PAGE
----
“Our state is peaceful, this is why we are seeing so many development projects. We will continue that way so that our people can see more of the same,” says Margret Itto Leonardo, deputy governor in Torit.
“I lost my leg in the bush in 2004 during the SPLA’s war for South Sudan’s independence”, Garang Goch Garang says through an interpreter, referring to the former name of the South Sudan People’s Defence Forces.
Amongst her siblings the 4-year-old girl has been playing and sharing smiles as usual, yet something is terribly wrong. Had that not been the case, the girl and her parents would not have been here, at the mobile court in Malakal.
More than 60 police officers and other law enforcement agents in Tonj have participated in a two-day training on investigative skills, gender-based violence, human rights, community policing and proper rule of law.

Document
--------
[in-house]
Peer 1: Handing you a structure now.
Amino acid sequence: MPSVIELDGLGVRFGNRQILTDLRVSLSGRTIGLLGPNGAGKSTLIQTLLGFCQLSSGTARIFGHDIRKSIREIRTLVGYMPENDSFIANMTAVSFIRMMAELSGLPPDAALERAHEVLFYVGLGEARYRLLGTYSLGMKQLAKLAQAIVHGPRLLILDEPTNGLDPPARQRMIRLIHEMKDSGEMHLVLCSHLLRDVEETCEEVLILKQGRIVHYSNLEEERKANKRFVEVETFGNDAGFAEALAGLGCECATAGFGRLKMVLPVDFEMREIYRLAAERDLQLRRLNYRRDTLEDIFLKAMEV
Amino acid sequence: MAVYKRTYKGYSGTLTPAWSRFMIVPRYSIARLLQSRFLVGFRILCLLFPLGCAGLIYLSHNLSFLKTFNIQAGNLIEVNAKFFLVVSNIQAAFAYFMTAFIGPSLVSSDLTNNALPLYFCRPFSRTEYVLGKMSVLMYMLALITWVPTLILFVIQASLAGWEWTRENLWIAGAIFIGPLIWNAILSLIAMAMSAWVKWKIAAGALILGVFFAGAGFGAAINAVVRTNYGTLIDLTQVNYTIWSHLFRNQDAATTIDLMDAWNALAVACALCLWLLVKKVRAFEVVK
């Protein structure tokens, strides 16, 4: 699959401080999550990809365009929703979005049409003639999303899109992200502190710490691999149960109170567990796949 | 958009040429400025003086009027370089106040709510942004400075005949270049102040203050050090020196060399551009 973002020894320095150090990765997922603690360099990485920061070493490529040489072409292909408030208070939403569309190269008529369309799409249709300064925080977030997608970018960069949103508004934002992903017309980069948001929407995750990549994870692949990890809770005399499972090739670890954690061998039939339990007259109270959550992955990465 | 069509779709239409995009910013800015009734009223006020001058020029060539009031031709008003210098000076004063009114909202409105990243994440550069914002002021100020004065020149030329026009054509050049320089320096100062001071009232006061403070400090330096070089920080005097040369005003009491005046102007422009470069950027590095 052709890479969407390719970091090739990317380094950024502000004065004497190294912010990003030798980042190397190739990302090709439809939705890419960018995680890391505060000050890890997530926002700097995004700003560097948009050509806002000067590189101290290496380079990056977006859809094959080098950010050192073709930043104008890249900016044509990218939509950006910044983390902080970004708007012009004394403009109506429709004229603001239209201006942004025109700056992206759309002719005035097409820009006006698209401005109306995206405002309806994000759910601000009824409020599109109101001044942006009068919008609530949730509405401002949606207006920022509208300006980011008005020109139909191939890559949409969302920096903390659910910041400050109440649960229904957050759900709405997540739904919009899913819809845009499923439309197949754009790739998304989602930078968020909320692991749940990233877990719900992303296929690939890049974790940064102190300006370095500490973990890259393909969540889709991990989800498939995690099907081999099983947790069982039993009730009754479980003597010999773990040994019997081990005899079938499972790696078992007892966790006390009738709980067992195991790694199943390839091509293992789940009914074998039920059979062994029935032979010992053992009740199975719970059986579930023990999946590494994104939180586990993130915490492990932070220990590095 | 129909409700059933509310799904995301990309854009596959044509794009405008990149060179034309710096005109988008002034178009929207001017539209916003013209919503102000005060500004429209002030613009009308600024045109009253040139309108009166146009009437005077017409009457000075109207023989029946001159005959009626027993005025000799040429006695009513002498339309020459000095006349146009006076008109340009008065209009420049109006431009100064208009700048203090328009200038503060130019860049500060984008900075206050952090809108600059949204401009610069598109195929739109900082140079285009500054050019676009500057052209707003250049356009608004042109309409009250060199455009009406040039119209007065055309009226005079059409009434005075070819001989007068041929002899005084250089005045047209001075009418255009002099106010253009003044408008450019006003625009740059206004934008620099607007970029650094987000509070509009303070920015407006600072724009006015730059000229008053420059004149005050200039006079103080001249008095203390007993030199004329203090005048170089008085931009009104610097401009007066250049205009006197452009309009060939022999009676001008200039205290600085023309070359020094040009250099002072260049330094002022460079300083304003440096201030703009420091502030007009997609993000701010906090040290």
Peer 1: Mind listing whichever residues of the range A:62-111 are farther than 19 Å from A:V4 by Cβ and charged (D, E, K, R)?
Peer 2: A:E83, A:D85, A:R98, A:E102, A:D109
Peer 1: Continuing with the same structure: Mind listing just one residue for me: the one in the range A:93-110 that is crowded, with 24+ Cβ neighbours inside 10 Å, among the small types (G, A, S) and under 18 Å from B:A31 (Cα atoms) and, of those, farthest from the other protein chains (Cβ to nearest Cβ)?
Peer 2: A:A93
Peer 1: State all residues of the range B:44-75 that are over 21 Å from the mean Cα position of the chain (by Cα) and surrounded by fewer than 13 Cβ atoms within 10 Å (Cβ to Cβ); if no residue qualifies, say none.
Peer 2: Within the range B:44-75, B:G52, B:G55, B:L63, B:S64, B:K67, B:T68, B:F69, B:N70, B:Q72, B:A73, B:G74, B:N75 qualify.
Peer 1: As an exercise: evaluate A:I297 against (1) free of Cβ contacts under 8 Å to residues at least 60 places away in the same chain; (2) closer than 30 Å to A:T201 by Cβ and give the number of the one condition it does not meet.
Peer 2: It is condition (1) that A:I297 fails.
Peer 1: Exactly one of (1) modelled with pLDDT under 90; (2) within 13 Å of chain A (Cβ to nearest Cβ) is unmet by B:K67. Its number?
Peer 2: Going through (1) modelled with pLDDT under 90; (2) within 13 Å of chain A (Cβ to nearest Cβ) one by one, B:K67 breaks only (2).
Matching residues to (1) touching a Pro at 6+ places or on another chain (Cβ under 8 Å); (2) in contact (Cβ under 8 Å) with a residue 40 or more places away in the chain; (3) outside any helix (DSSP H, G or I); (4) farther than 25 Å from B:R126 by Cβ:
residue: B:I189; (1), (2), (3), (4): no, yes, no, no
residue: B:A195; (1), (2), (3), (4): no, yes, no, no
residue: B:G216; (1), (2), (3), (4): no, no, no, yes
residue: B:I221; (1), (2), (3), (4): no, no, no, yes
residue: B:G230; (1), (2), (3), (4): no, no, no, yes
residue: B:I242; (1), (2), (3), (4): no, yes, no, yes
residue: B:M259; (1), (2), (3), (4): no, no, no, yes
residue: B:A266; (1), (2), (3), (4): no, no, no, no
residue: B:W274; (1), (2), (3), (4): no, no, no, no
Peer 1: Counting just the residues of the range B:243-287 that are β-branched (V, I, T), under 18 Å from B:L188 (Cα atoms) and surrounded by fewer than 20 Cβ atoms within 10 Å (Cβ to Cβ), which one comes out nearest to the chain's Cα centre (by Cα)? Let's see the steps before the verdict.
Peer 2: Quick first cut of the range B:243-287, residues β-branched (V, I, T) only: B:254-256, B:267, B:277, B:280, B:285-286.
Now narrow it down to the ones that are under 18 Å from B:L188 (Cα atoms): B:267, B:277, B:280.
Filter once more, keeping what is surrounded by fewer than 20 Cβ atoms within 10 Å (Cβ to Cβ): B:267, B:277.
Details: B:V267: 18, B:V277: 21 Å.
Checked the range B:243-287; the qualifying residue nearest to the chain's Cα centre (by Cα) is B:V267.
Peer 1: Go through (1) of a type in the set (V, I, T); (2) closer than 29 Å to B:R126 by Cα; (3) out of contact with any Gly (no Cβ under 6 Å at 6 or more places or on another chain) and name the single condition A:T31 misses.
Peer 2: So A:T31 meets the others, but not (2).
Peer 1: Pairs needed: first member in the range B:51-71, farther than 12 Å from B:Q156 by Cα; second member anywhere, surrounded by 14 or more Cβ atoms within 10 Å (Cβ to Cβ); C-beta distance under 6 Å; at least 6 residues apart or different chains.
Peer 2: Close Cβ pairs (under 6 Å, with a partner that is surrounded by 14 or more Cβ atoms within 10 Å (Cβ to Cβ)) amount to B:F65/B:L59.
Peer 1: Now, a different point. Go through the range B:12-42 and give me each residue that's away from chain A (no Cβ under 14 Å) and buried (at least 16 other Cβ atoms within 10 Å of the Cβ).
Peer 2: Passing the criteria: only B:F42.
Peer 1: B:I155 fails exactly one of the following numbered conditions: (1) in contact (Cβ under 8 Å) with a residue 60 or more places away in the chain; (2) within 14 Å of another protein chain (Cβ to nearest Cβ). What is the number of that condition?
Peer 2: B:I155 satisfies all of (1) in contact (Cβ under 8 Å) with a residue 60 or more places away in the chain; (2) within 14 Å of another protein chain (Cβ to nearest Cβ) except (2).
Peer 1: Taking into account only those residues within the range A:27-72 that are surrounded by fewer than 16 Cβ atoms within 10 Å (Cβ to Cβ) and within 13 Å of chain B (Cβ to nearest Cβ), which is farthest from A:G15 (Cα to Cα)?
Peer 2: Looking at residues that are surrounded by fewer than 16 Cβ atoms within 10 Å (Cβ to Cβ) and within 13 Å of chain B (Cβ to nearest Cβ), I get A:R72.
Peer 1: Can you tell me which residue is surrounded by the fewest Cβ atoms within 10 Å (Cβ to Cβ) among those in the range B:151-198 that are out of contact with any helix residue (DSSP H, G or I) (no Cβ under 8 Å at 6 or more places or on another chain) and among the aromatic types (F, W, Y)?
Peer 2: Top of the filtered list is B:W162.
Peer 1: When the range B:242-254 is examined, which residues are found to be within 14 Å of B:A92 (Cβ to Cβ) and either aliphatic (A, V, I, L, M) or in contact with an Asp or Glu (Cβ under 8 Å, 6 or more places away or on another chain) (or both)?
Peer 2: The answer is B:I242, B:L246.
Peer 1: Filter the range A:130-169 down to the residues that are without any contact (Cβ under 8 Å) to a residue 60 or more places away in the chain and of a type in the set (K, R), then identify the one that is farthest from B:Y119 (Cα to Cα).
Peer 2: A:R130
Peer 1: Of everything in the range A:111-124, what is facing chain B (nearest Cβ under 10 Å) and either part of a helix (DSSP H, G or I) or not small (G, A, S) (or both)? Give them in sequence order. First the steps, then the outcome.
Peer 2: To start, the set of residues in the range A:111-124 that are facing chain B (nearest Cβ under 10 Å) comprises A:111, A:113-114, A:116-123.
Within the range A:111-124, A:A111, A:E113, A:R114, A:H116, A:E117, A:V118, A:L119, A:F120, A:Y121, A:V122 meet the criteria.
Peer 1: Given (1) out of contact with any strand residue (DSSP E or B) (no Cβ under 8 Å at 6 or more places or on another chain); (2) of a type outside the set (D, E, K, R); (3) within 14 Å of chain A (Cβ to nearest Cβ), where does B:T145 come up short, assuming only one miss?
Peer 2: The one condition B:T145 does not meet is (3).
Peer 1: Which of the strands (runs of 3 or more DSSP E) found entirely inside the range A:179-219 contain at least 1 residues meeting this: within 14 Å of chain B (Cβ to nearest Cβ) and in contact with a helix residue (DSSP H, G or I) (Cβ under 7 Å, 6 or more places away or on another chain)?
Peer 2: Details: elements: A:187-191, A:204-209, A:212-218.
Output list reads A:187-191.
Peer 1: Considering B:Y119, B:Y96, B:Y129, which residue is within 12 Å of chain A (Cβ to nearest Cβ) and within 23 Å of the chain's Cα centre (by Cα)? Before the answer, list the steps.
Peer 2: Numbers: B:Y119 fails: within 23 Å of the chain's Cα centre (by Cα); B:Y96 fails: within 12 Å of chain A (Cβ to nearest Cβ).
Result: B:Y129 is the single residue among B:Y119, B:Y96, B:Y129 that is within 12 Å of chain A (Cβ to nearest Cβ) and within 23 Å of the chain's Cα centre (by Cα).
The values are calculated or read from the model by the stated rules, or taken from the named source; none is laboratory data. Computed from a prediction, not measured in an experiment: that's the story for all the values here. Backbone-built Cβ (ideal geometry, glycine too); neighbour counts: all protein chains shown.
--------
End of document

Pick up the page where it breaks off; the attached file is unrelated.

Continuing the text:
Women leaders in Joppa near Juba have added their voices to the many calling for stakeholders at all levels of society to pay special attention to fulfilling the needs of women and girls when the new peace accord is implemented.
“I was abducted in 1994 and became a child soldier at age 14. I was young. We walked the bush for six years. We were in the bush fighting till we gained independence in 2011 as South Sudan. Some of my colleagues died in the bush, others are still in the army.”